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Dutch Rules: Rinus VeeKay joins Arie Luyendyk among fastest in Indy 500 history

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INDIANAPOLIS. Rinus ViKay and Arie Luyendyk have great Dutch pride in their common homeland in the Netherlands.

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When Vikay, a 21-year-old NTT IndyCar Series driver with Ed Carpenter Racing, was told that his four-lap average of 233.655 mph in Saturday’s opening qualifying round was the third fastest qualifying speed in Indianapolis 500 history, he was fast. note that the record belongs to Luyendyk, a Dutch compatriot.

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“It’s cool that two Dutchmen are in the top three in history, so it’s great that I can be a part of it,” said VeeKay.

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HOW TO VIEW POLE QUALIFIERS: Sunday schedule for Peacock and NBC.

The great Ari Luyendyk of the Netherlands holds a four-lap record of 236.986 mph, set in 1996. Scott Brighton of Coldwater, Michigan has the second fastest qualifying average at 233.718 mph (also set in 1996 before the pole sitter was killed in a practice crash).

VeeKay’s speed knocked out Columbus, Tony Stewart of Indiana from third place. Stewart’s four-lap average of 233,100 mph was also set in 1996.

VeeKay has run the fastest Indy 500 qualifying laps since 1996, four years before he was born.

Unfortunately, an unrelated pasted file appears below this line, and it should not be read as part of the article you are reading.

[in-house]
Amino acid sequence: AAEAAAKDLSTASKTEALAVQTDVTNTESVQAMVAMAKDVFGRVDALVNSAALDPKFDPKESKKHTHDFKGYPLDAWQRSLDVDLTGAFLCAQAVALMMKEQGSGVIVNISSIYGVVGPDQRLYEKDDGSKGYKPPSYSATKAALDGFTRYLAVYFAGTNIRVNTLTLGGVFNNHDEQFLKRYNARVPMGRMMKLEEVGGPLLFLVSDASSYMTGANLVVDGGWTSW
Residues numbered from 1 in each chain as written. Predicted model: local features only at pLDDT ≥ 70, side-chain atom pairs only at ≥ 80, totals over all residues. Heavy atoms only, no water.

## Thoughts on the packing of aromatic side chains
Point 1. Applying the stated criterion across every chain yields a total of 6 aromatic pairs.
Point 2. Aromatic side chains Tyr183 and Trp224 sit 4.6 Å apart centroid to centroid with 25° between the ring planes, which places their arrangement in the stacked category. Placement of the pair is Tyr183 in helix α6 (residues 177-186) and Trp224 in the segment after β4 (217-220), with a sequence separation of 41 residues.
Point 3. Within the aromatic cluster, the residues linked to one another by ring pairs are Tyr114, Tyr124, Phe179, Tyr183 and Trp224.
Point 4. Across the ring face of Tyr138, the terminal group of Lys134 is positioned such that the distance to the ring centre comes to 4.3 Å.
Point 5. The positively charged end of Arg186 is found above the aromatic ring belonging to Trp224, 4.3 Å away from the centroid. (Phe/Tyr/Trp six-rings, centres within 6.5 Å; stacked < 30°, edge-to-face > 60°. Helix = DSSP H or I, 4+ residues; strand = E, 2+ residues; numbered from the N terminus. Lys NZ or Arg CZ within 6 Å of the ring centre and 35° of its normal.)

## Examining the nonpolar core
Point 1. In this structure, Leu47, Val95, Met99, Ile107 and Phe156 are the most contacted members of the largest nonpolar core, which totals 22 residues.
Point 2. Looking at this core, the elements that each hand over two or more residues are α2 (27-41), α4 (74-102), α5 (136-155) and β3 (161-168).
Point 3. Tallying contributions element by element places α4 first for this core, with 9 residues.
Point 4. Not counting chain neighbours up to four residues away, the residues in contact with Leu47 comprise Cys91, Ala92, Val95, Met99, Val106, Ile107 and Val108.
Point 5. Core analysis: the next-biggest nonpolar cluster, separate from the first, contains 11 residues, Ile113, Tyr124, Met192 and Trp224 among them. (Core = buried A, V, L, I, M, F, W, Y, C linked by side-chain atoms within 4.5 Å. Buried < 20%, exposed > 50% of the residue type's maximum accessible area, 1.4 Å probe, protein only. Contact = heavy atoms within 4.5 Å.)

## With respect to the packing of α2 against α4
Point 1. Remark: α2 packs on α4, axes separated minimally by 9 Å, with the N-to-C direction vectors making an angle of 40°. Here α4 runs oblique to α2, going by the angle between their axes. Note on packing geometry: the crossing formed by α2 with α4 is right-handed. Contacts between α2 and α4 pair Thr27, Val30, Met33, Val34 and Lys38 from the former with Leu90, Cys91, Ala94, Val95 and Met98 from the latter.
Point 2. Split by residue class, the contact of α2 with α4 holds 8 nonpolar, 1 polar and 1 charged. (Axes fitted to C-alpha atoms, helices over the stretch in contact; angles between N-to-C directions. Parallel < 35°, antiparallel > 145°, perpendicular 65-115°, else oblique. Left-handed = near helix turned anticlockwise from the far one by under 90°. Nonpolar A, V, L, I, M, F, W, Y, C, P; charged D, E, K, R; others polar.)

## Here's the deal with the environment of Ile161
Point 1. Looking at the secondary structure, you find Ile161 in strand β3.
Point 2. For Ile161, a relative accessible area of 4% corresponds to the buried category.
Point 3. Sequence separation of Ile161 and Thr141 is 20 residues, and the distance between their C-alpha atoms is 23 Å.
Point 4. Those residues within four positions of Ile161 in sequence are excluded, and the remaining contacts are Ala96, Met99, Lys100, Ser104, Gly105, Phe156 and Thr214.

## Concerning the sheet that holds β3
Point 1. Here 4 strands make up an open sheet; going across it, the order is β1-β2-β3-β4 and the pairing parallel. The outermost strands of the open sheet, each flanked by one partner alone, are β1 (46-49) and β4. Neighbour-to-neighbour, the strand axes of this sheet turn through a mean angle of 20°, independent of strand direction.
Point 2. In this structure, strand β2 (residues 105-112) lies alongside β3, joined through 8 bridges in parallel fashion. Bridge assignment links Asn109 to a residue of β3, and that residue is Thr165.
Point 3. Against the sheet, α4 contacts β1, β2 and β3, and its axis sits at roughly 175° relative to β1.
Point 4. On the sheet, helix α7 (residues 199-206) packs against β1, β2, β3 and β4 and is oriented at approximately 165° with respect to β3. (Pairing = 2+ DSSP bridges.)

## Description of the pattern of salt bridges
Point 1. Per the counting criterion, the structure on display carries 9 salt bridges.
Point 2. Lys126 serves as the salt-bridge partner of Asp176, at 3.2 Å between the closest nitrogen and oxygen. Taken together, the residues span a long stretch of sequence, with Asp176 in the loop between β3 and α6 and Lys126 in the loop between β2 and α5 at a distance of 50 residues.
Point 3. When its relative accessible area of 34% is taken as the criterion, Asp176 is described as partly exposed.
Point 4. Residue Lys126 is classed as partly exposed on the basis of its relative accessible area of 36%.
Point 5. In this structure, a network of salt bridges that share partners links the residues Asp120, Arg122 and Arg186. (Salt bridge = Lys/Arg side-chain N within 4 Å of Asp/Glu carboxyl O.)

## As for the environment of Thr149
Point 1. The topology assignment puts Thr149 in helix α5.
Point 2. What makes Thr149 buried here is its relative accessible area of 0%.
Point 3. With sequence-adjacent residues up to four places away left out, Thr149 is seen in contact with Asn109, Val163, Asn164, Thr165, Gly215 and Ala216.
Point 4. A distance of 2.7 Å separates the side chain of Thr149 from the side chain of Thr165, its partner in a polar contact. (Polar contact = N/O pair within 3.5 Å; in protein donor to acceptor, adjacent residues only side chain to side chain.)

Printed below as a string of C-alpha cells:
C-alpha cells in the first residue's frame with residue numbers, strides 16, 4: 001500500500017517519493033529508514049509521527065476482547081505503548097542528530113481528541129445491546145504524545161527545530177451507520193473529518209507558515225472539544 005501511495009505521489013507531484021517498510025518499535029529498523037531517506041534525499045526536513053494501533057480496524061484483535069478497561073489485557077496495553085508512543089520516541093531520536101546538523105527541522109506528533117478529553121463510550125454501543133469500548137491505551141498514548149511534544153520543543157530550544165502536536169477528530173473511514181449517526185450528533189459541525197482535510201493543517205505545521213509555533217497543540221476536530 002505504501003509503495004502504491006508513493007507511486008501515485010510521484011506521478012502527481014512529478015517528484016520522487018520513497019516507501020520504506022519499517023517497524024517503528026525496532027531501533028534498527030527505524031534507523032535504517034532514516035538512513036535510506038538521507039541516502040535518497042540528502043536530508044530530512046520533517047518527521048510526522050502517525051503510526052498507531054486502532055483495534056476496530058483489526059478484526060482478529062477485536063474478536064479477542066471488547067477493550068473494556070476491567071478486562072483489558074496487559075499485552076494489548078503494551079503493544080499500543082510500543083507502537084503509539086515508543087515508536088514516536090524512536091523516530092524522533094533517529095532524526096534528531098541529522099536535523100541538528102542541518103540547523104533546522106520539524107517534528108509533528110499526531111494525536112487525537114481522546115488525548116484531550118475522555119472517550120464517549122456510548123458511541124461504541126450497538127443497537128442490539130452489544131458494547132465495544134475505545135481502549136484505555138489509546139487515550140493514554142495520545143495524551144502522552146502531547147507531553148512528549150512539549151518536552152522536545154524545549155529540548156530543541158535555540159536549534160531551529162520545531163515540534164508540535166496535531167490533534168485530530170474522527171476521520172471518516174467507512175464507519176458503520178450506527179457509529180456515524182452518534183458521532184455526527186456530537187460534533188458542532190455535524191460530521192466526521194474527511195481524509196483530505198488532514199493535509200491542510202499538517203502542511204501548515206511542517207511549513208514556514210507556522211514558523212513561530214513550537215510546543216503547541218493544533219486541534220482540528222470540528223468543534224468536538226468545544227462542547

“These are historical numbers and I think we knocked a lot of guys out of those charts today,” VeeKay said on Saturday. “I think everyone was great and it’s all about who improved the most this year, so I think we’ve done a great job and hopefully I can move up to second place in this historic standings.”

The irony of VeeKay’s near-record speed is that it gave him a temporary pole position for just one day. He was part of a group of 12 fast riders who had to come back on Sunday and do it all over again to narrow the circle down to the ‘fast six’.

These six drivers then had to return to the track and make a final four lap average to determine the pole winner, setting the first two rows for Indy 500, May 29 (11:00 am ET, NBC).

Luyendyk was a “1990s driver” at the Indianapolis 500, winning in 1990 and 1997 (the only other driver during that decade to win two Indy 500s was Al Unser Jr. in 1992 and 1994). Luyendyk got the nod because his one and four lap qualifying runs have stood the test of time since that fateful year of Split in 1996.

Luyendyk was a racing mentor and advisor to VeeKay. He is also one of two IndyCar stewards (along with former driver Max Papis) who work alongside race director Kyle Novak.

As VeeKay’s first lap speed topped 234 mph, Luyendyk was in control and admitted he was overwhelmed.

“I looked up and thought, ‘God (shit), where did this come from? Luyendyk said in an exclusive interview with “I talked to him about his car and he thought he could do it. He knew what he had in his hands, and it happened today.

“I was very impressed and very happy that he was doing well, but of course Ed Carpenter gave him a good car for Indianapolis. He immediately fell in love with Indy when he was a rookie and he loves running here. Like it’s a big deal.

“He works very well with his engineer and they do a great job together.